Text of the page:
One-time benchmarks give us a snapshot of peak potential, but they don’t tell us anything about how a phone handles longer-term stress, or if performance throttles back to extend battery life when the tank runs low. For that, we turn to Speed Test G running on a loop.
The Google Pixel 4a results here are much more interesting. The phone starts out fairly comparable to the LG Velvet’s Snapdragon 765G, but can only sustain competitive performance for about 25 minutes. We can see why by turning to the CPU chart, where performance continues to fall over the length of the test. This is likely a result of excessive heat build-up in the Pixel 4a’s tiny frame. Ultimately, the phone can’t run at full tilt for protracted lengths of time, unlike some of its rivals. On the plus side, there’s no sign that Google slashes performance at low battery levels.
With graphics, the Pixel 4a lands pretty much exactly where we’d expect. It’s a fraction better than the Pixel 3a. However, performance fluctuates over a prolonged session (3o minutes +), and it certainly doesn’t keep up with its higher-end competitors. The flagship-tier GPU in the Poco F2 Pro results in a greater than 2x faster rendering speed versus the Pixel 4a in our graphics benchmark.
The Pixel 4a is competitive in short bursts, but can't keep pace for long sessions.
On that note, this test shows just how badly the Poco F2 Pro stands up to long term abuse. While it can offer 2020 flagship-level performance for a little over 20 minutes, the CPU quickly throttles back to somewhere between the Nord and the Velvet. Incidentally, these two are the most consistent of these mid-rangers. The Poco F2 Pro is still the fastest handset, but it doesn’t deserve quite the praise that the one-shot benchmarks suggest. Even so, the extra graphical power of the Poco F2 Pro still makes it the best affordable option for gamers.
Benchmarks ≠ real-world use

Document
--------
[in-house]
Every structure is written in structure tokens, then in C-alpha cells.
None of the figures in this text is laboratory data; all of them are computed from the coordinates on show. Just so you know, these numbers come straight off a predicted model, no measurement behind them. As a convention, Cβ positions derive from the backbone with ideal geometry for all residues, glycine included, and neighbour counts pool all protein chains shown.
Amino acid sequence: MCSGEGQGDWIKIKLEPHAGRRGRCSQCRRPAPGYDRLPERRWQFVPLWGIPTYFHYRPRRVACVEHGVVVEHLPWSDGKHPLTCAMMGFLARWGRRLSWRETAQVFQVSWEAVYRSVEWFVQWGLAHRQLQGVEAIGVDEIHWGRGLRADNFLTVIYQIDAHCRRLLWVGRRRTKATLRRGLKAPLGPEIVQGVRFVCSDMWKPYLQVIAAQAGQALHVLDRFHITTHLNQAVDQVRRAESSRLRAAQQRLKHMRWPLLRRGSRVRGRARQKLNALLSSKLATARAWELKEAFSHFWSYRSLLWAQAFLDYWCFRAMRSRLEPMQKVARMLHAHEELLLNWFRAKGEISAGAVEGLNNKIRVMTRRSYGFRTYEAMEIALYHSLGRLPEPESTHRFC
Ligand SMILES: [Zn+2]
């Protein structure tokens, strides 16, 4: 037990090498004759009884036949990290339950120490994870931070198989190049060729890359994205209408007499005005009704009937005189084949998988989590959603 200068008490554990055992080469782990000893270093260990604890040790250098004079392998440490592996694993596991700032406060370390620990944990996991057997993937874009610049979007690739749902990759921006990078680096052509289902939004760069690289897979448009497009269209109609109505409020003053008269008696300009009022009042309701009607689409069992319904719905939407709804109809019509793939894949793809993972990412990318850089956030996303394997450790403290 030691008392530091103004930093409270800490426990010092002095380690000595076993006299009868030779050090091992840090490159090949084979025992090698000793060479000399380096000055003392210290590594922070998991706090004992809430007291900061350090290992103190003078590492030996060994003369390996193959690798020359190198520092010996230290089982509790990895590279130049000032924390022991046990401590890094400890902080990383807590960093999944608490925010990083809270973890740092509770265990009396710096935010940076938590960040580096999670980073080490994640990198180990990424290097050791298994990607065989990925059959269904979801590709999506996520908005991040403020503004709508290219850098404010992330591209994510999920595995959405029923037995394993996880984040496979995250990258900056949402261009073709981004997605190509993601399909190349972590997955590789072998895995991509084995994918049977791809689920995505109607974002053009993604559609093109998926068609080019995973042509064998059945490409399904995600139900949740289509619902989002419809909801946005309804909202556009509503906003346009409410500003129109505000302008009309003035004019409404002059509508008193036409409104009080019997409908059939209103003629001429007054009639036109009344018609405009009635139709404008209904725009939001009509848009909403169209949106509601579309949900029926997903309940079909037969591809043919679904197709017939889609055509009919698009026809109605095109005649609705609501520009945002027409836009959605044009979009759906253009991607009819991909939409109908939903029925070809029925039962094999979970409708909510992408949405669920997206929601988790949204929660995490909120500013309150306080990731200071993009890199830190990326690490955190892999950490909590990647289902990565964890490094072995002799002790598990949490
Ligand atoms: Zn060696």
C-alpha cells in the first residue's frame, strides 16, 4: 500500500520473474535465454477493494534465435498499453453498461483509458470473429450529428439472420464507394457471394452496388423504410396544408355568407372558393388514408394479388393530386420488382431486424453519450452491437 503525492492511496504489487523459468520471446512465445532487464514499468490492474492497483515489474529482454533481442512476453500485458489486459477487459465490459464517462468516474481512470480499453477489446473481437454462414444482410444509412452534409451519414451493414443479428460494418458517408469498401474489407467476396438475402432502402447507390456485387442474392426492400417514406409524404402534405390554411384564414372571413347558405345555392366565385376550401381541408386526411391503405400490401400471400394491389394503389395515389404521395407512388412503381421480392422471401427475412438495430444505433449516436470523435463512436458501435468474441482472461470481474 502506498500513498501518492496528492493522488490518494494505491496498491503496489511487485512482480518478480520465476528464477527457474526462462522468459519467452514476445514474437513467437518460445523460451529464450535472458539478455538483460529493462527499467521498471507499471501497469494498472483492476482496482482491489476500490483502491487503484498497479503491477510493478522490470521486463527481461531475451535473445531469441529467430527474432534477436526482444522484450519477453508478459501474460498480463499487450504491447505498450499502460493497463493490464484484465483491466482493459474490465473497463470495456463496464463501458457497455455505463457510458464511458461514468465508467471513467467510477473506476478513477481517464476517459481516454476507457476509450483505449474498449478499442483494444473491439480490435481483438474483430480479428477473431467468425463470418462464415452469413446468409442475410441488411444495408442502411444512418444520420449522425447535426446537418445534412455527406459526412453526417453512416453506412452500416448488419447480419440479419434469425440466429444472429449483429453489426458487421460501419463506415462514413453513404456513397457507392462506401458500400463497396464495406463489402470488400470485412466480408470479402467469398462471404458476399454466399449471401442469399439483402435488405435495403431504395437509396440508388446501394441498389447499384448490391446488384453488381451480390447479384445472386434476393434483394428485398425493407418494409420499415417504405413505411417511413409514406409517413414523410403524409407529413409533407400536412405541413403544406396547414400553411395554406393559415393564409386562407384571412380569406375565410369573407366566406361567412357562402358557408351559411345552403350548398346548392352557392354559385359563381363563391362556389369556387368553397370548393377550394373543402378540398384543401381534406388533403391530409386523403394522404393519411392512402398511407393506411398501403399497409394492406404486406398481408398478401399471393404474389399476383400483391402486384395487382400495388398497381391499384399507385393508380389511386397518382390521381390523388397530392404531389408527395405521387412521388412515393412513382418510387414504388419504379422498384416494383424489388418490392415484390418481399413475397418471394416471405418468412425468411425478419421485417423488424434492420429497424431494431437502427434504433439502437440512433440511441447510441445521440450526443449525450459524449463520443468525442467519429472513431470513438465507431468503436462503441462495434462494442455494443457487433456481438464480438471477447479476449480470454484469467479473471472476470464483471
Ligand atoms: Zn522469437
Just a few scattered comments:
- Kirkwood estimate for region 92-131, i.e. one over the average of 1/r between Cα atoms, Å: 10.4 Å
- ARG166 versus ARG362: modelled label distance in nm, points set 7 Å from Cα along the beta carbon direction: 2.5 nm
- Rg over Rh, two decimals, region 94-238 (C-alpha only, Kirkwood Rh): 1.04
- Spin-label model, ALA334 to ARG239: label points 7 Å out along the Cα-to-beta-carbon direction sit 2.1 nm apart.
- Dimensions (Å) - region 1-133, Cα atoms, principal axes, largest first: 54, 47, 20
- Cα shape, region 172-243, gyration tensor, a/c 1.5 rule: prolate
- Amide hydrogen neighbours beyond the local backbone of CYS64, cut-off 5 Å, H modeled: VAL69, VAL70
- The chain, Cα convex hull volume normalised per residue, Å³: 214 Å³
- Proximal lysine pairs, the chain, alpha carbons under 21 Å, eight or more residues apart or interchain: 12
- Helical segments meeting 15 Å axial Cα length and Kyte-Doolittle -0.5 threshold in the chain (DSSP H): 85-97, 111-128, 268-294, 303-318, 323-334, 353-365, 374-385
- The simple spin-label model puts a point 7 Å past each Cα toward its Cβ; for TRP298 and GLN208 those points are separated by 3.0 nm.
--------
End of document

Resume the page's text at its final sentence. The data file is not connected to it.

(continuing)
Sustained performance clearly isn’t the Pixel 4a’s strong suit. That said, we need to look at the big picture. The handset isn’t targeting the sort of consumer who is likely to binge two or three-hour gaming sessions at a time. It’s built for browsing, checking email, and zipping through Google’s suite of apps.
Most workloads only need a quick burst of processing and minimal graphics, hence why the Pixel 4a feels so snappy to actually use.
As our benchmarking showcased, the Google Pixel 4a actually punches above its weight for burst use cases, which is how most phones end up being used. This is reflected by David’s time spent with the handset, where he called it “nearly seamless.” Even after a couple of days without clearing out recent apps, he noticed no hiccups or stutters. Just don’t attempt to make it do anything too strenuous, for too long.
In summary, yes, the Google Pixel 4a is fast enough for a modern mid-range handset when it comes to the real world. While not the fastest, the Pixel 4a offers enough performance that you’ll struggle to notice any difference between other mid-rangers or even flagship-tier chips in day-to-day tasks. Google’s latest affordable phone performs where it counts. However, those looking for an affordable workhorse or gaming phone may want to check out the OnePlus Nord or the less-consistent Poco F2 Pro.